I think this is a difficult one. But essentially I think that with breastfeeding, as with many things, it's very important to take the lead from your child, as long as their wishes are developmentally appropriate. And I find it difficult to believe- though certainly not impossible- that this particular woman is really doing that, because IME most 8 year olds ARE past the breastfeeding stage and, as Jaybee said, may even be looking at breasts in a completely different light! Basically my experience- personal and from friends of mine- is that many children over a year or two are ready to move away from the breast as a MAIN source of comfort and nutrition though some will take several months or years to fully wean and I think that is fine. I've got friends with kids who absolutely refused the breast at 10 months (the mum was devastated having wished to feed her till at least 2 yrs) and others with kids still going strong at well past 3 years. But personally, I'd be quite worried about the emotional development of my child if he still wanted to breastfeed at 8 years old. I'd be asking myself why other forms of comfort and closeness- cuddling, talking etc- were not doing the trick for him.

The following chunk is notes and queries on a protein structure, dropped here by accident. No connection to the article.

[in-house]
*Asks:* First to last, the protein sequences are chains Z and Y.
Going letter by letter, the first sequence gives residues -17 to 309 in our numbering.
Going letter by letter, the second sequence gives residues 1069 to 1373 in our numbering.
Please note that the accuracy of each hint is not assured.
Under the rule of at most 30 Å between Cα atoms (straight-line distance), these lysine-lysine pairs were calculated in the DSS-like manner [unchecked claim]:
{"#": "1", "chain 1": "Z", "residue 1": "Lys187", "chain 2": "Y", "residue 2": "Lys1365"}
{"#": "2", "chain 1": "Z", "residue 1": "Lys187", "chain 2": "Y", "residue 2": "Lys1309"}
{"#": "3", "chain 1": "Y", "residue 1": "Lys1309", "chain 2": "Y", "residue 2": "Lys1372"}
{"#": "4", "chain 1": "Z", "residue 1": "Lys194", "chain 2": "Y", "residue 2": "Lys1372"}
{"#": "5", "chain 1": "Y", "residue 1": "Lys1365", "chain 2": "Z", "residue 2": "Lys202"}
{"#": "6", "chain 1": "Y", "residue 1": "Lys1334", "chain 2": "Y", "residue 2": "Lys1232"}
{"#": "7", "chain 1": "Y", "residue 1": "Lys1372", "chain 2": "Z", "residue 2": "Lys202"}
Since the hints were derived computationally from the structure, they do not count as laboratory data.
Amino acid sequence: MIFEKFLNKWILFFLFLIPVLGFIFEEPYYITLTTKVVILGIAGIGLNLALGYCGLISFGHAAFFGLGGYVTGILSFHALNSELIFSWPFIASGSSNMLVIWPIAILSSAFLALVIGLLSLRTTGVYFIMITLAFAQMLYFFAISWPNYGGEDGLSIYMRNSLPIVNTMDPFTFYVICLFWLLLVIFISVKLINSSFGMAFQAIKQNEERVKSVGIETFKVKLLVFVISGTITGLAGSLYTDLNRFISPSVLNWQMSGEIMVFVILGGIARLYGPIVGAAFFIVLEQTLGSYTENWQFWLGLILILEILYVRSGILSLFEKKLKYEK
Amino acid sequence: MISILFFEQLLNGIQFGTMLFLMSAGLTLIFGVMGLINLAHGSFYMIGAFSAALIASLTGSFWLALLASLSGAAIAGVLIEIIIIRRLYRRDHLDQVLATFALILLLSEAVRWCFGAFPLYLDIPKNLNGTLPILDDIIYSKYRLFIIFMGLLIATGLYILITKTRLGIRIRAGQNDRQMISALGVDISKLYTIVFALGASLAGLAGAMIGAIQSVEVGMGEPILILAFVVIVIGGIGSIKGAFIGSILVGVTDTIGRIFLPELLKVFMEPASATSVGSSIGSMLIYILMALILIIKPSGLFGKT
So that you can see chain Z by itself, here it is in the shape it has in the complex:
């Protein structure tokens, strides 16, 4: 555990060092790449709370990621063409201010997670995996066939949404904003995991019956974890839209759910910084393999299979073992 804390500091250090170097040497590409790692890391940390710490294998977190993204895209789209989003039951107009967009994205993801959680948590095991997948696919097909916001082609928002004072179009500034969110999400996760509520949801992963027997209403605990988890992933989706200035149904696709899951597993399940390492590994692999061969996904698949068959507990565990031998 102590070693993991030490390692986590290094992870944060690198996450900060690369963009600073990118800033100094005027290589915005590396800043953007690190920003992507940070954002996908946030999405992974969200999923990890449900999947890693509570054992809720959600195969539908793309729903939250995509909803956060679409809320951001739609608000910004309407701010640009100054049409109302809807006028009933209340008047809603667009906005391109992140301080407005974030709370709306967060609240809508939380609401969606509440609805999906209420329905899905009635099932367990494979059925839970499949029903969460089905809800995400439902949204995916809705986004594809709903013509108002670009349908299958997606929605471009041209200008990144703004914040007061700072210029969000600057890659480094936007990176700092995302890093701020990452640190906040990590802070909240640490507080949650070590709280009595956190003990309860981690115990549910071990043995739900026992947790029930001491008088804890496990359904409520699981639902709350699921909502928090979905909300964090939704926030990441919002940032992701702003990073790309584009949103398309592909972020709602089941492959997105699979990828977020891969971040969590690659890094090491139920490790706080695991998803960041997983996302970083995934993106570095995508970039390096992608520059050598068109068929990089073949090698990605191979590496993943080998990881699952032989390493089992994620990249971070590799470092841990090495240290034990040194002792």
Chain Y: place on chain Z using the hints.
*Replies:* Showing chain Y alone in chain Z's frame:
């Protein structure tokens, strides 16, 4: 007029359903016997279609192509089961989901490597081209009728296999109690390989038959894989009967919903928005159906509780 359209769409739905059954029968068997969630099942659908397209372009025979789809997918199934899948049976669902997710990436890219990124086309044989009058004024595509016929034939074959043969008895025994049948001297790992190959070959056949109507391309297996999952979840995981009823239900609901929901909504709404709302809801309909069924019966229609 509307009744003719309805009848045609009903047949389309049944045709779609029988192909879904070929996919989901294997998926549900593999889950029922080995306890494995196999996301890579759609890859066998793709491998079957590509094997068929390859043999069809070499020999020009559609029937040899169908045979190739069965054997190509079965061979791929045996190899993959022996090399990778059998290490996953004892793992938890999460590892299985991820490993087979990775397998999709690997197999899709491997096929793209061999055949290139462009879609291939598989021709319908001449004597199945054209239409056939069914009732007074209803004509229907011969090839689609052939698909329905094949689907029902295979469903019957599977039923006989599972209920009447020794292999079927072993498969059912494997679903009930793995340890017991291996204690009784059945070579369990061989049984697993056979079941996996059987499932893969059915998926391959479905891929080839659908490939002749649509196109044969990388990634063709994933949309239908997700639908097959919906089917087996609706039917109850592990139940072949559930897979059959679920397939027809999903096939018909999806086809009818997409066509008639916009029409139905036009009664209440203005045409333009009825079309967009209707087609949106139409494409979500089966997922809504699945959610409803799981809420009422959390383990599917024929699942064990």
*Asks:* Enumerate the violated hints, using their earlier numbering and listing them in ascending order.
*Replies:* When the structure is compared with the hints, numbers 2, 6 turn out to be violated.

I think there may be a slight tendency for a very few women to become really fixated on breastfeeding as almost the sole means of comforting, bonding with and communicating with their child (I say child deliberately here; for a very small baby this may be a valid approach) and I don't think that is very healthy. It seems almost a form of emotional neglect not have a wide range of responses and activities to draw on when children need parental affection, attention or comfort. However, I hope this thought will not offend people like ks, Eulalia, malmomum and Faith, who I know to be very long term breast feeders, because I think it is very clear from their posts that such IS NOT THE CASE with them. While breastfeeding is clearly something that they and their children enjoy, it is certainly not their sole or even main means of communication and closeness and, crucially, they are/were following their child’s developmentally appropriate wishes.

aloha Mon 26-Aug-02 22:31:22

Yes, I didn't mean to offend anyone on this site. I have never read a post here that made my think 'uh-oh' like this story did.

mears Tue 27-Aug-02 09:32:54